11 November 2019:
Thanks to medical advancements, HIV-positive women now have a longer life expectancy, exposing them to numerous midlife health issues such as menopause. A new Canadian study demonstrates that women with HIV are more likely to enter the menopause transition at an average age of 48 years, 3 years younger than the general population.
Newly diagnosed HIV-positive patients who adhere to the latest therapy protocols are expected to live into their mid-70s or longer. That means these patients are now faced with aging issues that affect sexual and reproductive health, including menopause.
The average age of menopause in Canada and the United States is between 50 and 52 years. Previous studies have shown that women living with HIV are at an increased risk of early (age between 40 and 45 y) and premature (age <40 y) menopause (also known as primary ovarian insufficiency). However, this study from Canada is the first known study to determine the average age of menopause for HIV patients, the prevalence of early menopause (between 40 and 45 y) and premature menopause (before 40 y), and other correlates influencing age at menopause.
Study researchers confirmed that women living with HIV experience menopause at a younger age, specifically 48 years, roughly 3 years earlier than uninfected women. This population additionally had higher rates of early menopause and premature menopause. In addition, lower education and hepatitis C coinfections were also shown to influence the risk of early menopause, with other possible modifying factors including marital status and region of birth.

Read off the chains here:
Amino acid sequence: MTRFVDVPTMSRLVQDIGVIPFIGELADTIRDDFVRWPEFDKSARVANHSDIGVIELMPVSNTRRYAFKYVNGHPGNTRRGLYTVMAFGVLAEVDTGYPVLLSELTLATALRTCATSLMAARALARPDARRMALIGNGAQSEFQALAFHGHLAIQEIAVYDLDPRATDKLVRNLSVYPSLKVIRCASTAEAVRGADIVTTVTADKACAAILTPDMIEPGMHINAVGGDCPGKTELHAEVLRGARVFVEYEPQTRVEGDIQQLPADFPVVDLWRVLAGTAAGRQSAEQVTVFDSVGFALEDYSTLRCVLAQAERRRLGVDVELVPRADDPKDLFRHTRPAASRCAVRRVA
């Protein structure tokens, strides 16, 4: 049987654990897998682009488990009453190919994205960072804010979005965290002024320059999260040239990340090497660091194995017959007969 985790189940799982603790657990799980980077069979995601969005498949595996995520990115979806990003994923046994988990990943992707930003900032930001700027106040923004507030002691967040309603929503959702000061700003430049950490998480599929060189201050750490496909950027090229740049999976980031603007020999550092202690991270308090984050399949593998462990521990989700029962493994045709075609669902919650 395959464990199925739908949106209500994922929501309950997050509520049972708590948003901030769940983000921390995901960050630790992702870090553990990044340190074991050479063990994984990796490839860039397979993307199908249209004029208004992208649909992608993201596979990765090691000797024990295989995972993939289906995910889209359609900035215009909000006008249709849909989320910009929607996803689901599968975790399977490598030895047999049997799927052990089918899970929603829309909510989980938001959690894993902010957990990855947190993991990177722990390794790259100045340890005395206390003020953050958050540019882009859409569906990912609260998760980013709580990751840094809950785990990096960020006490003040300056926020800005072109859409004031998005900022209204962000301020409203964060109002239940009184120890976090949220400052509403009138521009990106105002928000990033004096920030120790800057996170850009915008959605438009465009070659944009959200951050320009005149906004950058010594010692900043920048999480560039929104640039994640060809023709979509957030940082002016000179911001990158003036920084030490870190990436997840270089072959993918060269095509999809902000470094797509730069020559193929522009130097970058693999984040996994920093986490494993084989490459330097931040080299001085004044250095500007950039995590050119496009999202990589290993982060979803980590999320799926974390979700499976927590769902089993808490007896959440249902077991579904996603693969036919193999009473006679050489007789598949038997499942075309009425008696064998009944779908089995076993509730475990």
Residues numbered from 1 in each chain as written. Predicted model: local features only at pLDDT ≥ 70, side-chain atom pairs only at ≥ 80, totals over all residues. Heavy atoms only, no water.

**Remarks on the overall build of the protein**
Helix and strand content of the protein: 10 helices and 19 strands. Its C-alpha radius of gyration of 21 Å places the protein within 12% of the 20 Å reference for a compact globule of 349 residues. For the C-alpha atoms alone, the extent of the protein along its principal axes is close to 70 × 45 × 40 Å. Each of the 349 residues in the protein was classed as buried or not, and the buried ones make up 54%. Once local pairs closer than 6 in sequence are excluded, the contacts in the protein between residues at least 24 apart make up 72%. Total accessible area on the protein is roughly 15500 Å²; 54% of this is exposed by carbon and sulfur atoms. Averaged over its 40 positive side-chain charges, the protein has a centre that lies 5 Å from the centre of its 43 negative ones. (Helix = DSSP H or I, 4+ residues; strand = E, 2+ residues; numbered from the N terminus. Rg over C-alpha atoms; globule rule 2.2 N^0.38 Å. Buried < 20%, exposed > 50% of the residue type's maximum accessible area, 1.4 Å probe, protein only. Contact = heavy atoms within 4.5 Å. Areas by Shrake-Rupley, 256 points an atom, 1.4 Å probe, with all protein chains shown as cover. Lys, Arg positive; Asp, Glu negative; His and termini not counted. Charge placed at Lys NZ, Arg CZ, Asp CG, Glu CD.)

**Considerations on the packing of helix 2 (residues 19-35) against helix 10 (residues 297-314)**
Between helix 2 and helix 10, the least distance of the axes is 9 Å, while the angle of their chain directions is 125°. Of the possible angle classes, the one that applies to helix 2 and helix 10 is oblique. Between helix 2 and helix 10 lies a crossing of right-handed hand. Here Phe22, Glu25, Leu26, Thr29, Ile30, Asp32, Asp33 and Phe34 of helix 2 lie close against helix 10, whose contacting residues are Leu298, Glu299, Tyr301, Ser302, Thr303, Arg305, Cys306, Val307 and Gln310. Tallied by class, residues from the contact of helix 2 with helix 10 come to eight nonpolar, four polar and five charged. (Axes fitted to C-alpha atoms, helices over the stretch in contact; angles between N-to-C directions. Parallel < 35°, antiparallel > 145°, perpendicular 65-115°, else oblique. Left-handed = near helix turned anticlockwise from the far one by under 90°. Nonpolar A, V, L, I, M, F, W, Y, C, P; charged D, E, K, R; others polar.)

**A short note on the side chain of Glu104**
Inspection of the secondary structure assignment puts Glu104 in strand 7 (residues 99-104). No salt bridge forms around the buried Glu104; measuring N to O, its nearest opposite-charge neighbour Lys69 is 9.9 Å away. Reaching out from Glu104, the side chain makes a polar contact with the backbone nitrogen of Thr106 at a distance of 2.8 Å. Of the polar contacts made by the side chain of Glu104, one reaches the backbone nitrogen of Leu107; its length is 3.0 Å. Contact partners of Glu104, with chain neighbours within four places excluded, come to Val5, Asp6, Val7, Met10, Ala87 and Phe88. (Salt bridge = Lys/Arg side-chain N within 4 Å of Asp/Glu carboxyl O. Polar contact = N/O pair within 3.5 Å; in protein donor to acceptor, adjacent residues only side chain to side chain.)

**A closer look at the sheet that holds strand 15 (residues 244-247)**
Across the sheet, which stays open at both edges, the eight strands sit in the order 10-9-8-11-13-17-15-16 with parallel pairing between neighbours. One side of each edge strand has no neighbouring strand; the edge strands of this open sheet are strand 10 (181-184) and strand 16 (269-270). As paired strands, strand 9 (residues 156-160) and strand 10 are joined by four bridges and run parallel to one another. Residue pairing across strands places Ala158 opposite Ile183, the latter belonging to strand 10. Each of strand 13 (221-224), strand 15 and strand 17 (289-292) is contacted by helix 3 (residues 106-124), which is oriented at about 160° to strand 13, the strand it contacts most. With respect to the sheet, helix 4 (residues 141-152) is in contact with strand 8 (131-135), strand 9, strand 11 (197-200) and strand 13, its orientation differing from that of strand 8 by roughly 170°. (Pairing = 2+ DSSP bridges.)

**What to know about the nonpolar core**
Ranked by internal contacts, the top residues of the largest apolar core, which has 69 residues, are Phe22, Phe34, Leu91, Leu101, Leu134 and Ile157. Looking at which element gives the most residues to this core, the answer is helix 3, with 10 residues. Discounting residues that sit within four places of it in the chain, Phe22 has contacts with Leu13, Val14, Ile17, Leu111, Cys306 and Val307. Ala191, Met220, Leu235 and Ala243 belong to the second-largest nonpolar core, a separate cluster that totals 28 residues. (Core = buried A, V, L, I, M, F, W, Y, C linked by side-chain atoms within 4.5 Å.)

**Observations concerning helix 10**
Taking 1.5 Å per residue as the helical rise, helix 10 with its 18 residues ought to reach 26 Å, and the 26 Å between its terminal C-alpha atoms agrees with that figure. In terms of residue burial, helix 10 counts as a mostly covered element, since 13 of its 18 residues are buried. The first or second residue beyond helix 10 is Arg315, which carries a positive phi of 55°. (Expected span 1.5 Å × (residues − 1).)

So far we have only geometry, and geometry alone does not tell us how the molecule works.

Because menopause is associated with changes in mood, sexual function, reduced quality of life, and increased the risk of developing other comorbidities such as heart disease and osteoporosis, a woman's increased risk of early menopause has implications for healthcare practitioners planning their care.
Menopause is a pivotal transition for women. Previous studies have suggested increased risk of early menopause (40-45 years) and premature menopause (<40 years) for women with HIV. We aimed to determine age of menopause, prevalence of early menopause and premature menopause, and risk factors for menopause <45 years in Canadian women with HIV.
This was a cross-sectional analysis from the Canadian HIV Women's Sexual and Reproductive Health Cohort Study. Analyses were restricted to biologically female participants reporting being postmenopausal (regardless of etiology). Primary outcome was median age at menopause. Predetermined variables, and those with P < 0.10 in univariable analyses were considered for inclusion into multivariable logistic regression model, to determine independent correlates of menopause <45 years.
229 women were included. Median age of menopause was 48 years (interquartile range 43, 51); 29.7% of women experienced menopause <45 years: 16.6% with early menopause and 13.1% with premature menopause. In univariable analyses, menopause <45 years was more likely (P < 0.05) with birth in Canada, white ethnicity, less than high-school education, smoking, recreational drug use, and hepatitis C co-infection. In multivariable modeling, less than high-school education (adjusted odds ratio [aOR] 2.45, 95% confidence interval [CI] 1.22-4.93) and hepatitis C co-infection (aOR 1.90, 95% CI 1.04-3.50) were independently associated with menopause <45 years.
In Canadian women with HIV, median age of menopause was 48 years; 3 years younger than the general population. Only lower education and hepatitis C co-infection were independently associated with menopause <45 years, highlighting importance of socioeconomic factors and comorbidities. These findings have implications for counseling and management of women with HIV.
Andany N, Kaida A, de Pokomandy A, Yudin MH, Wang L, Kennedy VL, Webster K, Loutfy M; CHIWOS Research Team. Prevalence and correlates of early-onset menopause among women living with HIV in Canada. Menopause. 2019 Nov 4. doi: 10.1097/GME.0000000000001423. [Epub ahead of print]